SEMO fundraiser fueling success today and beyond

Southeast Missouri State women's basketball player Taelour Pruitt poses with her father, Karlous Pruitt, and grandmother, Rhonda Pruitt, Saturday while they were taking part in the Walk For Women virtual event to raise funds for Redhawk women scholarships.
Photo courtesy of Twitter

When Southeast Missouri State athletic director Brady Barke was asked last month what it took to build a successful sport at his institution, he was very specific about the core of what was needed.

“You’ve seen us hit on some success as of late,” Barke said. “I think it starts with people first and foremost. Creating a vision and developing that culture that you need and instilling a belief and pride in that program. It’s a huge starting point for us.”

There are an array of success stories to tell regarding what is happening within Redhawk athletics, but specifically, what has transpired in the past year within the women’s programs has been nothing short of astounding.

The Southeast athletic department conducted its 13th annual Cindy Gannon Walk For Women event Saturday and the Redhawk community showed that it is difficult to conquer on the field of competition, and it wasn’t going to succumb to a pandemic either.

Southeast raised over $34,000, which will go toward athletic scholarships for women, through a virtual walk, due to the coronavirus situation preventing the typical gathering.

"Thank you to everyone who supported this event again this year,” Barke said in a release. “We are very thankful for your help in providing our student-athletes opportunities to compete.”

If the donors were curious as to whether they are getting their money’s worth, they need not be.

The Ohio Valley Conference rewards the most successful athletic department each year with the coveted Commissioner’s Cup. The honor was not given this season due to the cancellation of spring sports, however, the Redhawks – in large part due to the success of its women’s programs – were in first place in mid-March when the competition ceased.

"When we were developing the strategic plan (two years ago), we wanted to talk about doing things we've never done before," Barke said last month in a release regarding the Commissioner’s Cup. “We wanted to create a vision and goals that, if achieved, would result in us being the premier athletics department in the OVC."

In many regards, Southeast has.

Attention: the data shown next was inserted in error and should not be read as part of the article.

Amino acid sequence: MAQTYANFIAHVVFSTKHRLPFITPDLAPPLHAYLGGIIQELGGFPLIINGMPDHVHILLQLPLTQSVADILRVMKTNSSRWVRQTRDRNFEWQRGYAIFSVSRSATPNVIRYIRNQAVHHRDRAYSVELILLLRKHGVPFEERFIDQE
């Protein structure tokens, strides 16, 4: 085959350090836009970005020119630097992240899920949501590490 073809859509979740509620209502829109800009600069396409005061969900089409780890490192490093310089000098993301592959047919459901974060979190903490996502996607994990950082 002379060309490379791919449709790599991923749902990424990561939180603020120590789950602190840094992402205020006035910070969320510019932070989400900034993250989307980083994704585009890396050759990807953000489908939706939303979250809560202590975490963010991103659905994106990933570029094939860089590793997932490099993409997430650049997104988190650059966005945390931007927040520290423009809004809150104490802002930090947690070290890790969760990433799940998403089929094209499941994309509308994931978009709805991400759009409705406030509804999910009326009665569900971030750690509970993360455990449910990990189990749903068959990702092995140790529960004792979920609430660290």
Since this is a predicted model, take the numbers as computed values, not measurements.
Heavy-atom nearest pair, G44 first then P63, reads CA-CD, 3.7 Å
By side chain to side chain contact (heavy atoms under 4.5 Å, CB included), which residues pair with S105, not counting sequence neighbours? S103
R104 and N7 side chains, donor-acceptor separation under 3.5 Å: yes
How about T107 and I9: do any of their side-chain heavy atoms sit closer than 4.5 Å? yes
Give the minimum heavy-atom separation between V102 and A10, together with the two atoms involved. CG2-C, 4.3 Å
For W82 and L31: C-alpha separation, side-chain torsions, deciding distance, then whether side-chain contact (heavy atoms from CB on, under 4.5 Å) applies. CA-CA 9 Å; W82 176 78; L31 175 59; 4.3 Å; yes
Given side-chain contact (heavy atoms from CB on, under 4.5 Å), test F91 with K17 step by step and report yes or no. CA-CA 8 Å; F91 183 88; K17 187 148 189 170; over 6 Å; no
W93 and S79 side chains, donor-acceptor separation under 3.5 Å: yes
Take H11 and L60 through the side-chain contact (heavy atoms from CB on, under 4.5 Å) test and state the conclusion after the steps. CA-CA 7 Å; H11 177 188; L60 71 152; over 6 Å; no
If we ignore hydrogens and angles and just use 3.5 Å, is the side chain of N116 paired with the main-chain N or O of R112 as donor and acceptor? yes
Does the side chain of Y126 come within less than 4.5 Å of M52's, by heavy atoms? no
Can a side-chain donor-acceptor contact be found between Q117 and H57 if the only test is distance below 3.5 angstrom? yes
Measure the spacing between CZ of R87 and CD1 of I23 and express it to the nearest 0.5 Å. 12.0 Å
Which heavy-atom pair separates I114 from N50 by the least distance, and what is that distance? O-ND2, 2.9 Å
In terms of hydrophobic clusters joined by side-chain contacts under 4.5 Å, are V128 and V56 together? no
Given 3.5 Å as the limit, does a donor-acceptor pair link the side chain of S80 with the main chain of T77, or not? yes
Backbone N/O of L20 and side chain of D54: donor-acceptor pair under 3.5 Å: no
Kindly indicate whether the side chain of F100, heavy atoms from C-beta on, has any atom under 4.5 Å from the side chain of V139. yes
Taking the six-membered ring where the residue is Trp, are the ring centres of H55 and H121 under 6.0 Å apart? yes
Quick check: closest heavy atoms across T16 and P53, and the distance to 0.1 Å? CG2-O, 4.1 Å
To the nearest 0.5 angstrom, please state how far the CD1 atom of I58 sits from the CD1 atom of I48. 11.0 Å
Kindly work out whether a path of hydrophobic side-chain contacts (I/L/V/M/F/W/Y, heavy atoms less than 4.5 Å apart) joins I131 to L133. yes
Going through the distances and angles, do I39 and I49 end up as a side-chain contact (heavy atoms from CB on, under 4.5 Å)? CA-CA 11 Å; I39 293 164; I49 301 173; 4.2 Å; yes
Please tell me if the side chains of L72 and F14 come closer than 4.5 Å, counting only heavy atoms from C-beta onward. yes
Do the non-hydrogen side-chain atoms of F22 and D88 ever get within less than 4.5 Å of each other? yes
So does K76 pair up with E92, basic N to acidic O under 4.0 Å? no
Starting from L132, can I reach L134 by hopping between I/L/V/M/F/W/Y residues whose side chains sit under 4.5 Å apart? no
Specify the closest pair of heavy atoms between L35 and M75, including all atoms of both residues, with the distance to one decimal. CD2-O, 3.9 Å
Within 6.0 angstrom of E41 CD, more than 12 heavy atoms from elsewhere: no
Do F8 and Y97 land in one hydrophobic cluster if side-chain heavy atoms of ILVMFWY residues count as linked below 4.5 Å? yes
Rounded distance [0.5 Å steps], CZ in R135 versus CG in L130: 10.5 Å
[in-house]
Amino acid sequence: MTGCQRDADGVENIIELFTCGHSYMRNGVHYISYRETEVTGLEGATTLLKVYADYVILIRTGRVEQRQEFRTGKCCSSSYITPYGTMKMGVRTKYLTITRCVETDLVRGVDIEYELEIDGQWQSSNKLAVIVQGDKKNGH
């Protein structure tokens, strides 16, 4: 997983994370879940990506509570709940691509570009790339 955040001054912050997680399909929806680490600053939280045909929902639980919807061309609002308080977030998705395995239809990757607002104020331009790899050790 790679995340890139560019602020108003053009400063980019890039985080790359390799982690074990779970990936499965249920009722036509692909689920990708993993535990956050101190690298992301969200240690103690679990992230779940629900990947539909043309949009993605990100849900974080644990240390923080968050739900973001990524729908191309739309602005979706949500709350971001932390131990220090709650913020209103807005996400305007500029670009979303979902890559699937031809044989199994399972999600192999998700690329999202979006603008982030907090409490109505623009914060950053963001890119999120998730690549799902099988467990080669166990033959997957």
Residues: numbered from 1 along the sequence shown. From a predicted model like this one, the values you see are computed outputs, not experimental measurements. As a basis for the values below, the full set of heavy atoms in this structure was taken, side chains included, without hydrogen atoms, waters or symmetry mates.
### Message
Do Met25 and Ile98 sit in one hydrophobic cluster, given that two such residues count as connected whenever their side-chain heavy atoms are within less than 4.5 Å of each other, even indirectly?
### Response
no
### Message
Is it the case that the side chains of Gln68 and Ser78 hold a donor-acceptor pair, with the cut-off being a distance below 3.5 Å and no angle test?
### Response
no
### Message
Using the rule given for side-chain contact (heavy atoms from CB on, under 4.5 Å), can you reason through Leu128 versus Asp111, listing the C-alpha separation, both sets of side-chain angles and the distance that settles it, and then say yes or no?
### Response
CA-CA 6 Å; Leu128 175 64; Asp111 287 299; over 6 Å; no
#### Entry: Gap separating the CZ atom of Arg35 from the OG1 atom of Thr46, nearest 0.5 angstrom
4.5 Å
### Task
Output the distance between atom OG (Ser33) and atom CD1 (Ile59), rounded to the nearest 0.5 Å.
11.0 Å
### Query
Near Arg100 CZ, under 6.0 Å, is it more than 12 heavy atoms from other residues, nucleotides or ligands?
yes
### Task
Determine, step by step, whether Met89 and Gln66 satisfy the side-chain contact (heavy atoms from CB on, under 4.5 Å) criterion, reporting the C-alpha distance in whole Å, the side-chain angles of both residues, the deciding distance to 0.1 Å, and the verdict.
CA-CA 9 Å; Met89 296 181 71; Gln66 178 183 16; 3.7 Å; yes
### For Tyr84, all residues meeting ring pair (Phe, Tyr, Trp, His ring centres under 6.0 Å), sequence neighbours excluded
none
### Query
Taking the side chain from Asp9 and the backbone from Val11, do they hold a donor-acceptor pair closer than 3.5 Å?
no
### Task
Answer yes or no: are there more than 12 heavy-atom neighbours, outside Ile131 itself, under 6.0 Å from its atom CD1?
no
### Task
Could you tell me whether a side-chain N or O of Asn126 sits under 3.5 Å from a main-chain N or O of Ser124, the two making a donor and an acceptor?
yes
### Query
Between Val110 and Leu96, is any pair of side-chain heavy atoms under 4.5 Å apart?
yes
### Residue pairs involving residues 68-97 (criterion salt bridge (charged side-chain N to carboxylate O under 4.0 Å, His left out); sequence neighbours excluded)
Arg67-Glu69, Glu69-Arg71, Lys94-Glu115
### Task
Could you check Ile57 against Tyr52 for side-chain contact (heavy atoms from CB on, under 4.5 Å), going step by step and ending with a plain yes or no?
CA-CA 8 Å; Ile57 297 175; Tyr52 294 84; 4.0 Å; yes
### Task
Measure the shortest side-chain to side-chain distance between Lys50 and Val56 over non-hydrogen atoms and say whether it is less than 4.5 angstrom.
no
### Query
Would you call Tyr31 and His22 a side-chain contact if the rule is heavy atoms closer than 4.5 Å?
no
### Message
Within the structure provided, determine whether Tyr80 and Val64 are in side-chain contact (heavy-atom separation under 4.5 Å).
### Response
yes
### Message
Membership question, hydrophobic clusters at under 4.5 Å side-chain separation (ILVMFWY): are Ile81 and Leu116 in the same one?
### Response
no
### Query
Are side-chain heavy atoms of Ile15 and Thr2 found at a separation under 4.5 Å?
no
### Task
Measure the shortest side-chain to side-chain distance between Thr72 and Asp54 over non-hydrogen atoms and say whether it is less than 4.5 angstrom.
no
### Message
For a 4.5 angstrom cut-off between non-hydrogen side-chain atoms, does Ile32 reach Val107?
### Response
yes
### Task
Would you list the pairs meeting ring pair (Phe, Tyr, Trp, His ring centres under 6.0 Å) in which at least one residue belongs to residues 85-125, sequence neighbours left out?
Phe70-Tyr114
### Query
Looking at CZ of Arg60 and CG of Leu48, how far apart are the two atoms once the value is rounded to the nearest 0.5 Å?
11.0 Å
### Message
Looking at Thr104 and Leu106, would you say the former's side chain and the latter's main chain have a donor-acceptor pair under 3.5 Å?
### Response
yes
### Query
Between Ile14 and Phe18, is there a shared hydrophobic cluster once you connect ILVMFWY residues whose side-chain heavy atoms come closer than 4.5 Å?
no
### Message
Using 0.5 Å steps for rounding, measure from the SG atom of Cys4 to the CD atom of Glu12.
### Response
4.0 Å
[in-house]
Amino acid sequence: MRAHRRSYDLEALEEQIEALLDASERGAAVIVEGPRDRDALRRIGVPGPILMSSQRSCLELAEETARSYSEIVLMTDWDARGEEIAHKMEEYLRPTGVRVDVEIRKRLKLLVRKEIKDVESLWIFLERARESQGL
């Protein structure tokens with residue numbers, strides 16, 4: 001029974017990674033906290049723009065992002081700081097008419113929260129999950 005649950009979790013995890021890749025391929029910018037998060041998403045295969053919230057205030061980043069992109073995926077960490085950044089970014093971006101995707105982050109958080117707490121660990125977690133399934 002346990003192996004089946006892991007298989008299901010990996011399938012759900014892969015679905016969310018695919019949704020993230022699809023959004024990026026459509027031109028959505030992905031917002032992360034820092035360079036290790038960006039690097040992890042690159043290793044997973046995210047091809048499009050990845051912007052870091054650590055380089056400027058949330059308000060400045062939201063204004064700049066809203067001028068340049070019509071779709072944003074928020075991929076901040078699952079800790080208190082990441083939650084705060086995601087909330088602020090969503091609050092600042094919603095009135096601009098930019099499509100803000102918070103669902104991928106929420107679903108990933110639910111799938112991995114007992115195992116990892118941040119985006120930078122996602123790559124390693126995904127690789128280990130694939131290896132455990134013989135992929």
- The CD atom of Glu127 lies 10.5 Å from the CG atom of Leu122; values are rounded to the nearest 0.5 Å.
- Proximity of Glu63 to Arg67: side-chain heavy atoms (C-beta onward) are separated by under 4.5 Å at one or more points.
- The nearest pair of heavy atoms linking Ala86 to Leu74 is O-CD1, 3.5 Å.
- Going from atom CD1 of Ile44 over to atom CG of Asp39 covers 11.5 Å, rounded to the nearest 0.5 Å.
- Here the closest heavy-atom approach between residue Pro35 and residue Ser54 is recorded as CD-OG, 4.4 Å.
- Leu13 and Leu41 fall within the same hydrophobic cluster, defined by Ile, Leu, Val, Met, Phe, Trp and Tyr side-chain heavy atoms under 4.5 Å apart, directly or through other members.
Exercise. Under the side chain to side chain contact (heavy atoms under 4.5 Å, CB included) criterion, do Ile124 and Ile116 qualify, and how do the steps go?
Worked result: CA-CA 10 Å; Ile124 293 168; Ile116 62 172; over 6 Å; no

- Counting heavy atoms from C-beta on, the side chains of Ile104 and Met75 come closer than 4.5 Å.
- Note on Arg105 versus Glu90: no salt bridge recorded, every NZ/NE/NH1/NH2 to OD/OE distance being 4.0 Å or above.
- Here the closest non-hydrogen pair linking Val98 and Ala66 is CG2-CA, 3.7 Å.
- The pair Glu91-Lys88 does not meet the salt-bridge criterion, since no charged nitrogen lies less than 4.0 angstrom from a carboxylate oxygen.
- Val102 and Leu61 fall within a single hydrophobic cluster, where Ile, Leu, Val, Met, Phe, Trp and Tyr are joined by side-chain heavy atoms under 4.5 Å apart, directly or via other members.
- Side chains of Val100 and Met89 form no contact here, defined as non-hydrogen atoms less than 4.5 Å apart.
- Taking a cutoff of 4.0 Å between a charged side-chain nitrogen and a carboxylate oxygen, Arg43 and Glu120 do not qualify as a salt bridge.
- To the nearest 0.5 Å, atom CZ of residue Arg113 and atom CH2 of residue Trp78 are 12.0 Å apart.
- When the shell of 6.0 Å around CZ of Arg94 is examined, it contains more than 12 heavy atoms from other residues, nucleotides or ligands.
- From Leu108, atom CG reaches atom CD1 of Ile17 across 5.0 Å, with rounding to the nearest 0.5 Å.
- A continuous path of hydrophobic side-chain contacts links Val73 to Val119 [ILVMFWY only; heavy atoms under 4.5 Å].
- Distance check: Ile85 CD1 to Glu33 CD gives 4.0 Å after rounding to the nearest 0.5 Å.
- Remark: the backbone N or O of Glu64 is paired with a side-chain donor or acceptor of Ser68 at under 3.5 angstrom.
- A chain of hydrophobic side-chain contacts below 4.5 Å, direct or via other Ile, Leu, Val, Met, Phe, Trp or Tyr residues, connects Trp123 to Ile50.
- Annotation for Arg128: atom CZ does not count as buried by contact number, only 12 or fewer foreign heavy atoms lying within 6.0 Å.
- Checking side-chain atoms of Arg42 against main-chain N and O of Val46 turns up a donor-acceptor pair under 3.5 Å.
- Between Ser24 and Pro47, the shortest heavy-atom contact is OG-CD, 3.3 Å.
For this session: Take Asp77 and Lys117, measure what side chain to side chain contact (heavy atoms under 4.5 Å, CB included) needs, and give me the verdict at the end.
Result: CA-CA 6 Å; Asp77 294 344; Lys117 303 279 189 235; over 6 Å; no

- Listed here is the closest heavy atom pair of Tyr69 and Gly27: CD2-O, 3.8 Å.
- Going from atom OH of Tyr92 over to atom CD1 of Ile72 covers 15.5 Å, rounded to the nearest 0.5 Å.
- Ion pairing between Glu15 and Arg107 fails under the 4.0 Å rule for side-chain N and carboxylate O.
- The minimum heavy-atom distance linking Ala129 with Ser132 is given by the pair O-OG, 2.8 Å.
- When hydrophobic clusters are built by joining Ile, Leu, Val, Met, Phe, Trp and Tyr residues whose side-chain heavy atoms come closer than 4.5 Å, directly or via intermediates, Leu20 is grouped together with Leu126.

A glance at what the women’s programs have achieved in the past 12 months sheds light on why people have been willing to donate over $500,000 over the past 13 years to the Walk For Women event.

In basketball, the Redhawks are coming off the most successful season (25 wins) in the program’s NCAA Division I history and an OVC Tournament title.

In soccer, Southeast won 8 of 10 league matches last fall and the OVC regular-season championship.

In softball, the Redhawks won 46 games (17 in league play) and both the OVC regular-season and tournament championships.

In volleyball, Southeast won 23 games, which was the most since Gannon led the program to a phenomenal season, and the Redhawks advanced to the NCAA Tournament (as did the basketball and softball programs) by winning the OVC Tournament.

In cross country, Southeast finished fourth in the conference last fall and had its highest placing runner in six years.

In gymnastics, the Redhawks had their most successful season in six years by winning 10 matches in a shortened season due to the virus.

In track, Southeast finished third in the OVC Indoor Meet this winter and its athletes were honored as the OVC Female Track Athlete of the Year, as well as the OVC Female Field Athlete of the Year.

And in tennis, the Redhawks won 12 matches and earned the highest honor academically for a women’s tennis squad in the league.

That last recognition shouldn’t have been a surprise to anyone.

Redhawk athletes were recognized last summer for having the most (37) Medal of Honor (given annually to the student-athletes who achieve the highest grade point average in a conference-sponsored sport) recipients.

The women’s tennis, track, and cross country squads were each recognized as teams for having the best grades in the OVC.

So not only are these funds raised fueling success on the fields, courts, diamonds, and tracks today, but the ramifications of helping these athletes will be paying dividends for decades to come in their professional lives.

The Southeast programs are filled with diligent, driven, and very intelligent student-athletes.

Although we weren't together today,” Barke said of the virtual gathering, “we were still united for this great cause."

That is undeniable.

Donations are still being accepted at:

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